Teaching for the first time

inna constantini teacher training yogaThe hours are growing longer and the classes harder. Now in the final weeks of her teacher training course in Goa, nerves are tested as Inna Costantini and classmates start teaching for real.

 

 

After a few weeks of fairly 'passive' studying, listening, reading, sitting in lectures, trying to get a grasp on different aspects of yoga anatomy, philosophy and technique, we're now shifting towards a more dynamic and challenging part - the actual teaching.

After all, that's what this course is all about. Learning theory is fascinating (and there's so much more I want to learn), but it wouldn't really make much sense without practice.

Most students have already set their foundations in their own daily yoga practice, style and approach, and I can see that everyone views an feels yoga in a different way and will end up teaching it (if at all) in a distinct manner.

But for most of us teacher trainees, standing up in front of a class, talking through postures, explaining the movement, the breath, the flow, the technique, in a concise, clear and pleasant manner is no easy feat.

Just when I was starting to get comfortable with my adjustments technique, happily 'squishing' fellow students and people from the drop in centre, into paschimottanasana, downdog and most of the key postures, newer, bigger challenges are being thrown my way.

Teaching is daunting for most of us - more for some than for others - and also involves being confident in one's own practice.

However, being thrown to the front of a class, having all eyes looking towards you waiting for instructions, also feels somewhat empowering.

For someone like me who's never taught any form of class before, it could be much worse.

My fears of mumbling, being confused and unclear weren't justified, and I found myself projecting my voice to the back of the shala quite well (though with a conscious effort) and it did all make sense in the end!

Mind over matter. It can be stressful, daunting, but also so much fun when it goes well. All along, I never thought about the practical side of teaching and how stressful it might be for everyone.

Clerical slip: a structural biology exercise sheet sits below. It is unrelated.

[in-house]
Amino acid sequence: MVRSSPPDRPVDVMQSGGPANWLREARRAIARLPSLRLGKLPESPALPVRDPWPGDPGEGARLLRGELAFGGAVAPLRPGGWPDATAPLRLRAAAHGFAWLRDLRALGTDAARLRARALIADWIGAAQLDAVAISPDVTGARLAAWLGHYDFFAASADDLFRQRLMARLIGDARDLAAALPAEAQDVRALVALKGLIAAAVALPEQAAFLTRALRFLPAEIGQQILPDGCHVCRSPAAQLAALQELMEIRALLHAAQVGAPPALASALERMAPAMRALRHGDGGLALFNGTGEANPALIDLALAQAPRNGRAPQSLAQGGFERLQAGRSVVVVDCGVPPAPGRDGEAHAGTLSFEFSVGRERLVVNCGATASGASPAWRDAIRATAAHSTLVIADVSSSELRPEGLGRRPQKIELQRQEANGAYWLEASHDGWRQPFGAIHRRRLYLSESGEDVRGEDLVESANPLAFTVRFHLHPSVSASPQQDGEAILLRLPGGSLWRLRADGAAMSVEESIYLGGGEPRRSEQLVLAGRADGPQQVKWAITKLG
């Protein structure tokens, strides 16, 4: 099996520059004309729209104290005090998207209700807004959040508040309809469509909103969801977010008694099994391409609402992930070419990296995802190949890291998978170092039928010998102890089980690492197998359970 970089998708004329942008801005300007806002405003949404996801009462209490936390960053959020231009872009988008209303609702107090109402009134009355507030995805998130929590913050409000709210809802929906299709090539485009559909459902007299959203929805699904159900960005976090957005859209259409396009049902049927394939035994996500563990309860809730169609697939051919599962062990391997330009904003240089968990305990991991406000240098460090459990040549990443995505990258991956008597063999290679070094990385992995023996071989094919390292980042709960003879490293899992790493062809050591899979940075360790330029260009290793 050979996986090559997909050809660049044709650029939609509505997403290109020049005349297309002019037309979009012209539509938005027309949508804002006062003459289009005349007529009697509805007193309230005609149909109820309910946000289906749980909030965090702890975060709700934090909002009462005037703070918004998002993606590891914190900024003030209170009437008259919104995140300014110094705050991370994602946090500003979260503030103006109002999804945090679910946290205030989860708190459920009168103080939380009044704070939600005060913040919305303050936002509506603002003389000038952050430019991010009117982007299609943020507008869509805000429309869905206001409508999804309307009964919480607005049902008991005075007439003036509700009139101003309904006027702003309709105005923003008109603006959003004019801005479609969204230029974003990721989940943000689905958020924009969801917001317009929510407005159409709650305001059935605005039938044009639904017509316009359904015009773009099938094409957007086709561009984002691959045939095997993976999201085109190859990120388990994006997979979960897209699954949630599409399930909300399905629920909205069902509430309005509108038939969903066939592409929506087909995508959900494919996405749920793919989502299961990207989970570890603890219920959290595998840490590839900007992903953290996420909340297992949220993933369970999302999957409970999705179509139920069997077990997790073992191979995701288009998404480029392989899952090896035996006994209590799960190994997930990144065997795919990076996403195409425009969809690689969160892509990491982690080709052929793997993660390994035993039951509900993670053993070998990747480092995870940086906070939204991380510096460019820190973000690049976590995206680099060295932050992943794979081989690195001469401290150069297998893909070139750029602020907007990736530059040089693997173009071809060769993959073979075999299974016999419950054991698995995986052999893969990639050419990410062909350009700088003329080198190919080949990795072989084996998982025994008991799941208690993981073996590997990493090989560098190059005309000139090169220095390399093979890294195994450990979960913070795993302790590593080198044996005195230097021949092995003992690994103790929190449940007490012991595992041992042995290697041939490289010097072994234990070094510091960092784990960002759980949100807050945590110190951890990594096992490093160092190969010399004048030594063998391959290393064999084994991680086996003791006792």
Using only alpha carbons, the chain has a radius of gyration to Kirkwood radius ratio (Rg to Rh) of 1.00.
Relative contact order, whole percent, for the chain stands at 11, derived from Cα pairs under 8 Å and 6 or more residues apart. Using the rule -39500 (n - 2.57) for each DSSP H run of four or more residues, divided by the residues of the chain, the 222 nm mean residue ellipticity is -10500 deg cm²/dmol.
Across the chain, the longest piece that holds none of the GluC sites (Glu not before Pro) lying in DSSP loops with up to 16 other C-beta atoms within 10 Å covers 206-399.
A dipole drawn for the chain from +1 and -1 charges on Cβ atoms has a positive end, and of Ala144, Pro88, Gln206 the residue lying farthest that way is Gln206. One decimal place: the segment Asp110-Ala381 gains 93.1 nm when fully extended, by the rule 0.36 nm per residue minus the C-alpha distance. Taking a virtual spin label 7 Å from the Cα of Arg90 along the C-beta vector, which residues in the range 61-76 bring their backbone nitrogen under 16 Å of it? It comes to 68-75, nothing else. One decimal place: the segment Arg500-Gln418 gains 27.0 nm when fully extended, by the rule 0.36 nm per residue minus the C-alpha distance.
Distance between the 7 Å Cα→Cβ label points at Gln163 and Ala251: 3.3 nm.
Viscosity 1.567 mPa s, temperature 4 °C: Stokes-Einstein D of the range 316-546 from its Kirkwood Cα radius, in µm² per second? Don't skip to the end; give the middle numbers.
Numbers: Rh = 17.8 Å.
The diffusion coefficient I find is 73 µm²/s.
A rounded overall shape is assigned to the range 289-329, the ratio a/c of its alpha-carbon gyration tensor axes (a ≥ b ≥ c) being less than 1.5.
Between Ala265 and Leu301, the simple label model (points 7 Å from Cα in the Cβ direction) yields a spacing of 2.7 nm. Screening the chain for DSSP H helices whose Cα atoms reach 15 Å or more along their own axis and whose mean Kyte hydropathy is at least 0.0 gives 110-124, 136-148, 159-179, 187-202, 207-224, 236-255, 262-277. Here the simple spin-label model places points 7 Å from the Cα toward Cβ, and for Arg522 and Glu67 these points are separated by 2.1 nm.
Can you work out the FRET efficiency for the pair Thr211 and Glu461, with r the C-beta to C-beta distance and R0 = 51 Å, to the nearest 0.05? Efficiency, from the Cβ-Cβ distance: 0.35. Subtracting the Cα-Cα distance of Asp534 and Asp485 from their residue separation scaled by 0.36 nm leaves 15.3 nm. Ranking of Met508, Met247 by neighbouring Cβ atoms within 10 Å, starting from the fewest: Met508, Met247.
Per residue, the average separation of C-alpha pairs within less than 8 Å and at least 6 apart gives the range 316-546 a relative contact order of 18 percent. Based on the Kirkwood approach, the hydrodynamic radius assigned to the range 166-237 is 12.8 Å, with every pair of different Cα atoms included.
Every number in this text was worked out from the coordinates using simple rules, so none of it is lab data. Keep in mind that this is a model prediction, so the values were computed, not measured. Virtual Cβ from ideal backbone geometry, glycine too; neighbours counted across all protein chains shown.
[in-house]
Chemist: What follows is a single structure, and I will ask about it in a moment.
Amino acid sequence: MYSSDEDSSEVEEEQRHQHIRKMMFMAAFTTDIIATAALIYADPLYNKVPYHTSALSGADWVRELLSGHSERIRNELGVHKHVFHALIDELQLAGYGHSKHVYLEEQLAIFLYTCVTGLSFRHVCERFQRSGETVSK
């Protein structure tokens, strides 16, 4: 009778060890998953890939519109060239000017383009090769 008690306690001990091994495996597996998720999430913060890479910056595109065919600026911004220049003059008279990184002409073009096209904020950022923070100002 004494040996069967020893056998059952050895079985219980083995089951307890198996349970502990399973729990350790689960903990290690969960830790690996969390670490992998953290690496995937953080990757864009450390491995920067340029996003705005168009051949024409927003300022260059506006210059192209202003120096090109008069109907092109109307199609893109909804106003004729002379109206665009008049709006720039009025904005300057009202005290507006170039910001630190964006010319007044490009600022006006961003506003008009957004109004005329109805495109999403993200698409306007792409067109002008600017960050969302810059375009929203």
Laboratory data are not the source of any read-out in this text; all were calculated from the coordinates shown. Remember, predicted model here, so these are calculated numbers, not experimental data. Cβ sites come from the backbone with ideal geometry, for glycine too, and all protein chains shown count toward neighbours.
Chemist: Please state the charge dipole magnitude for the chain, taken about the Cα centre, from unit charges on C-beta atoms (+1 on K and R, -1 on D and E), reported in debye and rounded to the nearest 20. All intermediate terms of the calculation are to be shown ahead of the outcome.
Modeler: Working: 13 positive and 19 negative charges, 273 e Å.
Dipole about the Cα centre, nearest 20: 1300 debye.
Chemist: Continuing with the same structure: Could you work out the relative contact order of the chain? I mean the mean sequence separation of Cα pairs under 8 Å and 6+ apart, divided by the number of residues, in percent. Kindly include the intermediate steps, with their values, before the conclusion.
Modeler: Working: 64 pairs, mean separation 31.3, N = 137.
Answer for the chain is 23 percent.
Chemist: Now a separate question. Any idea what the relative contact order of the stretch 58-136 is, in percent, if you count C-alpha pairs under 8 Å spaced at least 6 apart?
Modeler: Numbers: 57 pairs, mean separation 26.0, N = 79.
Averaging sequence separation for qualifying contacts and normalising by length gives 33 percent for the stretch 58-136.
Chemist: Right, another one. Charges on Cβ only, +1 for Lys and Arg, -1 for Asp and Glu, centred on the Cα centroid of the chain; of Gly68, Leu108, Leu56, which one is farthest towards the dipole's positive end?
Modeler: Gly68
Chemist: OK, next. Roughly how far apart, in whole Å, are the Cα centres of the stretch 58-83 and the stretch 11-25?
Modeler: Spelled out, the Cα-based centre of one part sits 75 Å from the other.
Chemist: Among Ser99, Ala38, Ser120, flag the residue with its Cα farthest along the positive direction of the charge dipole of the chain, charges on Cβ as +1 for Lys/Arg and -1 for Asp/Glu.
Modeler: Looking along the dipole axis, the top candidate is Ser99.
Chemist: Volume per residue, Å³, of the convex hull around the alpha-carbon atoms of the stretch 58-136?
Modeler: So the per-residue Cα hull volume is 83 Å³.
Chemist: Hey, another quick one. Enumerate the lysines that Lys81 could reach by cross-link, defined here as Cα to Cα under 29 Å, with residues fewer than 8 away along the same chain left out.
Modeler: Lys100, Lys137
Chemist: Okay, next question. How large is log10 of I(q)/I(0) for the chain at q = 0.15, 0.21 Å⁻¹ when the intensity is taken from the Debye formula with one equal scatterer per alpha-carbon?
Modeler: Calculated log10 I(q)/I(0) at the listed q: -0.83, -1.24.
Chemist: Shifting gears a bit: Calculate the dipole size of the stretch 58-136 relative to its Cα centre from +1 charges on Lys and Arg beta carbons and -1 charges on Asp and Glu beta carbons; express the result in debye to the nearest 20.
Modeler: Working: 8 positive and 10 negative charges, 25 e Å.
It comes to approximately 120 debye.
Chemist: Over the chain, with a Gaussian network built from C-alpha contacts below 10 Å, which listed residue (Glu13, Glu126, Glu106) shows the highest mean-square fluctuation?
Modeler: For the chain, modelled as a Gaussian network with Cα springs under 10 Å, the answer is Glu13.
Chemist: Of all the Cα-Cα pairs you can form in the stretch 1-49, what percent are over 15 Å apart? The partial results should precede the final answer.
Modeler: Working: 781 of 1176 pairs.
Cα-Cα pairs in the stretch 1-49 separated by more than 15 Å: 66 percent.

I was apprehensive about the 5am wake-up calls (which I turned out to quite enjoy), the daily hour long pranayama sessions, anatomy and philosophy lectures, the physical strain of the daily exercise and yoga practice.

But I seem to have sailed through most of this, and the part I was the least concerned about, the teaching technique, is by far the hardest.

That's also where lies the success of a great teacher- make your students feel at ease, relaxed, and yet be safe when adjusting them an teaching postures. Know the meaning of yoga. Keep up a firm personal practice and keep on learning.

But most importantly, create an environment which feels unique and special for class.

No two teachers follow the same style, energy or routine, and each teacher will offer something unique to students - whether it's great adjustments, a relaxing practice, a soft, gentle approach or a fun dynamic class, there's a style out there for everyone.

And hopefully I'll soon find mine....

 

Read Inna's other blog posts:

Into the deep end in Goa

Slipping into yogic life in Goa

Half way to becoming a teacher

 

 

Asana of the Month

Yoga Travel

Writer and yoga teacher Sarah Dawson re-discovers contentment at Portugese retreat centre, Vale de Moses.

Practice

Mindfulneses author & coach Shamash Alidina explains the importance of switching from 'doing' to 'being'.